How the Concepts of International Business Affect Transactions BUSB348 International Business
University of Redlands
Halfway through my International Business course, I was able to look at my 2005 purchase of BMW 525 in a new light. Therefore, I now have a clearer understanding of how international business concepts affect me as a consumer, specifically in the area of availability of choice between domestic and foreign brand products. Armed with this new information, I can better appreciate the impact of globalization on my purchases. In this paper, I will attempt to illustrate how a number of international business concepts played a significant role in my ability to purchase my BMW eight years ago, and how my choice may differ considerably today. I will venture to carry out this analysis based on some of the issues we have covered in the class. Before beginning my analysis, a brief summary of the BMW credentials is in order. BMW is one of the leading manufacturers of cars and motorcycles in Europe headquartered in Munich. The company primarily operates in Europe and the Americas. Besides automobile manufacturing, the company also provides information technology and financial services. The company has its manufacturing plants spread over 13 countries on four continents and showrooms across 150 countries worldwide. This allows the company to take advantage of favorable labor rates in developing countries to lower its production costs, as well as to set up platforms to facilitate the logistics of importing vehicles around the world. Chances are that my BMW 525 was produced in the plant located in Toluca, Mexico. It was then shipped to California tariff-free based on NAFTA provisions.
I bought my car at the time when the car market was swarming with good quality cars. As a matter of fact, by mid 2000s, the quality of all (especially the quality of the U.S. automobiles) improved dramatically from the late 1990’s. This made it more difficult to distinguish between attractive makes and models. Unavoidably, design and brand appeal became the distinguishing factors for potential customers. The 2005 BMW 5-series had both the BMW brand name and the new slick, sporty design that to me meant success, style, and class. I focus my analysis in this paper on two topics: (1) Why the BMW, a German auto maker, was so readily available in U.S. and (2) How did BMW convince me to buy their car instead of other cars available to me? My analysis of the first issue is based on Michael Porter’s Diamond model that attempts to explain the competitive advantage some nations or groups have based on four market conditions. B. Porter’s National Diamond Framework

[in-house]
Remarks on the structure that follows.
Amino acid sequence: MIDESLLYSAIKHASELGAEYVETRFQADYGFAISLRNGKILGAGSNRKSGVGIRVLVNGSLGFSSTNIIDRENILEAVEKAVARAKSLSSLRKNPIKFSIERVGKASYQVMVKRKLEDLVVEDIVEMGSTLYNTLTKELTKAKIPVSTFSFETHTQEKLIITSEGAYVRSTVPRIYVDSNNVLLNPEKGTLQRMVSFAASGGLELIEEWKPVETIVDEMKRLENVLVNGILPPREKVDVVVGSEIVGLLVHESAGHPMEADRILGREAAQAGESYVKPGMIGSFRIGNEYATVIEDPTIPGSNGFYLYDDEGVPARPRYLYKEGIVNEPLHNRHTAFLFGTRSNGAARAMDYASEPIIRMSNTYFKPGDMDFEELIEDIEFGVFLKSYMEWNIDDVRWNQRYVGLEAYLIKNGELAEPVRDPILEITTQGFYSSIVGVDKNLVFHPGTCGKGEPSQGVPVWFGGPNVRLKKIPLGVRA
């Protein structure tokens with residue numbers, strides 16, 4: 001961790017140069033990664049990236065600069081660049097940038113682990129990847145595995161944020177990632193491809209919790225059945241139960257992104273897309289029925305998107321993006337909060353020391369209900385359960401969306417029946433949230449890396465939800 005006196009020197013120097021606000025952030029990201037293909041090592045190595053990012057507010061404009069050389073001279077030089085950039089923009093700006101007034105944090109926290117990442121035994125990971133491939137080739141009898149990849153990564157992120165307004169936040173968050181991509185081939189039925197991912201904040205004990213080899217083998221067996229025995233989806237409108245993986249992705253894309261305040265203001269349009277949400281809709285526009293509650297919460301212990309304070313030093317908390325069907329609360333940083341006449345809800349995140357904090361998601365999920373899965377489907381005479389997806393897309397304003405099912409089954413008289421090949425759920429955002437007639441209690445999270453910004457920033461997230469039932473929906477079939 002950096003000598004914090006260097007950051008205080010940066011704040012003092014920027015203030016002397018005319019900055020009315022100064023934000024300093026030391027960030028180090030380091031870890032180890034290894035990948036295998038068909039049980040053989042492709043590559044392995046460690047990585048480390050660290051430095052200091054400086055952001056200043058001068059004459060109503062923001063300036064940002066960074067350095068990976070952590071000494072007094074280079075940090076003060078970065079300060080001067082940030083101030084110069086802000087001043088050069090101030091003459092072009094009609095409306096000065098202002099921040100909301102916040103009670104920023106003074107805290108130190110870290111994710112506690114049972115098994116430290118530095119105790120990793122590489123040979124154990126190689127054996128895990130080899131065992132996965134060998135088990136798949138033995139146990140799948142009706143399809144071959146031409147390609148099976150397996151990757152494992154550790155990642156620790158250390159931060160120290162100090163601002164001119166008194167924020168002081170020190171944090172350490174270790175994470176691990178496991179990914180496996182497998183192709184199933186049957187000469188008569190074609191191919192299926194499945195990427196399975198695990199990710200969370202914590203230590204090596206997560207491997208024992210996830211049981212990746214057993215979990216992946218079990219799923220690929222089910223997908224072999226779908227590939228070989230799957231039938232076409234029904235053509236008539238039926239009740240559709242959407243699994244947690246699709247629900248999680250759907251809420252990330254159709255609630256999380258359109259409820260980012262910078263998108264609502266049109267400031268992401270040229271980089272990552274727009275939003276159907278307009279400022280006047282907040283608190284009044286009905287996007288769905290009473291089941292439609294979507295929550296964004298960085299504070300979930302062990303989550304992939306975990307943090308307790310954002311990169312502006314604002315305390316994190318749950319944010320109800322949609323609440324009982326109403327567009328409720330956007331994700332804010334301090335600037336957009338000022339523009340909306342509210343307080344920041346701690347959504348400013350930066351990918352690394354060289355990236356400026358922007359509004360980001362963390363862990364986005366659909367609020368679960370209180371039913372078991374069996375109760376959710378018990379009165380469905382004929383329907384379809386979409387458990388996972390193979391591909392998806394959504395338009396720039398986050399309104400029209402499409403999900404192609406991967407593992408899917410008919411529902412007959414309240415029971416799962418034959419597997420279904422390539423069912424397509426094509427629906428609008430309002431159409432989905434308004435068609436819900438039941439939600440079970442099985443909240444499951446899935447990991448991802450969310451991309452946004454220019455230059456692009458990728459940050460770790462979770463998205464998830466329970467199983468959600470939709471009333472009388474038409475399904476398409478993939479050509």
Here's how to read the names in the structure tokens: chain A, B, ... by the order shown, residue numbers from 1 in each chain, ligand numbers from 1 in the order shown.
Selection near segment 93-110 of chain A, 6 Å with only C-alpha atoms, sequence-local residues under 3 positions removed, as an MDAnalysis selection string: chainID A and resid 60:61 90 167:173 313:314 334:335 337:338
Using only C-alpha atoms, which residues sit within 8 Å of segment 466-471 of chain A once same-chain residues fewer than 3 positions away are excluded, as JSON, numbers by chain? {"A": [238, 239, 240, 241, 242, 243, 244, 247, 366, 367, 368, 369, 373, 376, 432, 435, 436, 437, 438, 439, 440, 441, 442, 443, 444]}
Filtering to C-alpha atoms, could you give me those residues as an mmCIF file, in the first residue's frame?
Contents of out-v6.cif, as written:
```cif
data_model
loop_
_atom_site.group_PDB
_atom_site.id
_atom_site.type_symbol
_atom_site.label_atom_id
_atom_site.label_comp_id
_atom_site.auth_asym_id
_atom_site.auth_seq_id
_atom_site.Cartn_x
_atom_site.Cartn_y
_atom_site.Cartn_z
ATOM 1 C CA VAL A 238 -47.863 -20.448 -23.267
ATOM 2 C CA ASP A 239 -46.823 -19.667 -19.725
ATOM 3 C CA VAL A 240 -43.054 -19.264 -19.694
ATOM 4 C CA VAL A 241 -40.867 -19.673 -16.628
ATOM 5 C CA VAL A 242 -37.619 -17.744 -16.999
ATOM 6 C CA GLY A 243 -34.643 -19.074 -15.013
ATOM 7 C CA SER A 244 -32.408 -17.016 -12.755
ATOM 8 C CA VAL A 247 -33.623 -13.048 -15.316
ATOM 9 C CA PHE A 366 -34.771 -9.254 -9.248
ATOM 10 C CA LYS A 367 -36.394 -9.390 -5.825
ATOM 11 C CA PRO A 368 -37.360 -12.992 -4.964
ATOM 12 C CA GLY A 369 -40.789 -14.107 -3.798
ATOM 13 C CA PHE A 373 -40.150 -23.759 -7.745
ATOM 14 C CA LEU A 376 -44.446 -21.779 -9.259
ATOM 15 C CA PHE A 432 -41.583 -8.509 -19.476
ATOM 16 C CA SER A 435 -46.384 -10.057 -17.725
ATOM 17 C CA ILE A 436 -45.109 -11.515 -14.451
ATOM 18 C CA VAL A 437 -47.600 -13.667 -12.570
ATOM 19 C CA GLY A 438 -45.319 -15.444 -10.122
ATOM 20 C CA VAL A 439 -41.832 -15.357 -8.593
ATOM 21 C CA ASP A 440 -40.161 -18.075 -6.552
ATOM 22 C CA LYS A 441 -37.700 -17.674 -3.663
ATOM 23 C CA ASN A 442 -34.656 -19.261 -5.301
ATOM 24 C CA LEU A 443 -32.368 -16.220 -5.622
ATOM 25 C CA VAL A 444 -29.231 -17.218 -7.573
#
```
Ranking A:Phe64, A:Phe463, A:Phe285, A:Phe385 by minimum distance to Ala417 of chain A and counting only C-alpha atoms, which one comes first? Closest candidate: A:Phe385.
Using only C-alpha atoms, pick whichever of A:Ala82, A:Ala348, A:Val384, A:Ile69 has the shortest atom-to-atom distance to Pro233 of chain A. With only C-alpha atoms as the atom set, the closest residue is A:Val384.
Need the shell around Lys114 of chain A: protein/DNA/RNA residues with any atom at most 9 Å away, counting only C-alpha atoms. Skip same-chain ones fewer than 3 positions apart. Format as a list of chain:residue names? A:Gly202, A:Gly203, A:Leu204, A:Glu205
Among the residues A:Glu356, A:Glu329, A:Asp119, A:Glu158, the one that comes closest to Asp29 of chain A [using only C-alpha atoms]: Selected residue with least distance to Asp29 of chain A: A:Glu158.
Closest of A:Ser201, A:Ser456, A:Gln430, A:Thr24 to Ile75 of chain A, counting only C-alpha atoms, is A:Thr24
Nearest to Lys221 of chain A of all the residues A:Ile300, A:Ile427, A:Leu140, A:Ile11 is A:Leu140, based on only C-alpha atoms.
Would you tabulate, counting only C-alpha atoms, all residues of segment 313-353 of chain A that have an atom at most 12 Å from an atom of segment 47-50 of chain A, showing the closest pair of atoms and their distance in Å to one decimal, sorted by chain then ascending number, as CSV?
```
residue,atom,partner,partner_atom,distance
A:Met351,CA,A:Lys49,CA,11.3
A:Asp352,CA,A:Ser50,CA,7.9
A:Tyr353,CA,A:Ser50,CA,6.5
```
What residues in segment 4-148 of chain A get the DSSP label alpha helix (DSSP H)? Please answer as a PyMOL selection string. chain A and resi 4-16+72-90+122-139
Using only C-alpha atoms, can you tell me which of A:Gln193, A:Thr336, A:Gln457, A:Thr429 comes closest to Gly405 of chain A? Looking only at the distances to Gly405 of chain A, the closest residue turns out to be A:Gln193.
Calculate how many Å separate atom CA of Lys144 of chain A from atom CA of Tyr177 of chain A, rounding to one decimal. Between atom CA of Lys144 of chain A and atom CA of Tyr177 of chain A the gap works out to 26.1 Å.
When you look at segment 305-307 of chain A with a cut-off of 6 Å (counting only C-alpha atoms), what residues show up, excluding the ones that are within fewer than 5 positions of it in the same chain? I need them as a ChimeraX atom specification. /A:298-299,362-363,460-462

Michael Porter conceived that a nation’s competitiveness depends on the capacity of its industry to innovate and upgrade. Porter's study tried to explain why a nation achieves international success in a particular industry. This study found four broad attributes that promote or impede the creation of competitive advantage: factor endowments, demand conditions, relating and supporting industries, and firm strategy, structure, and rivalry. While considering how BMW came to be so popular and accessible in U.S.A., I look to the four elements of Porter’s Diamond (Hill 2013, p. 197):
(1) Factor Endowments: The original concept that the patterns of commerce and production are dependent on the factor of endowments in a trading region was developed by the economists Heckscher and Ohlin at the Stockholm School of Economics. Their model builds on David Ricardo’s theory of comparative advantage. Basically, the model suggested that a nation will export products that use its copious and cheap factors of production and import products that use the country’s limited factors. According to Porter, the traditional factor endowment argument made by Hecksher-Ohlin model is unsophisticated. Porter asserts that the factors most important to comparative...
References: Hill, C. W. L. (2013). International business. (9th ed.). Boston, MA: Irwin/McGraw-Hill.
Johnson, G., Whittington, R., Scholes, K., & Pyle, S. (2011). Exploring strategy: Text & cases. Harlow [etc.: Financial Times Prentice Hall.
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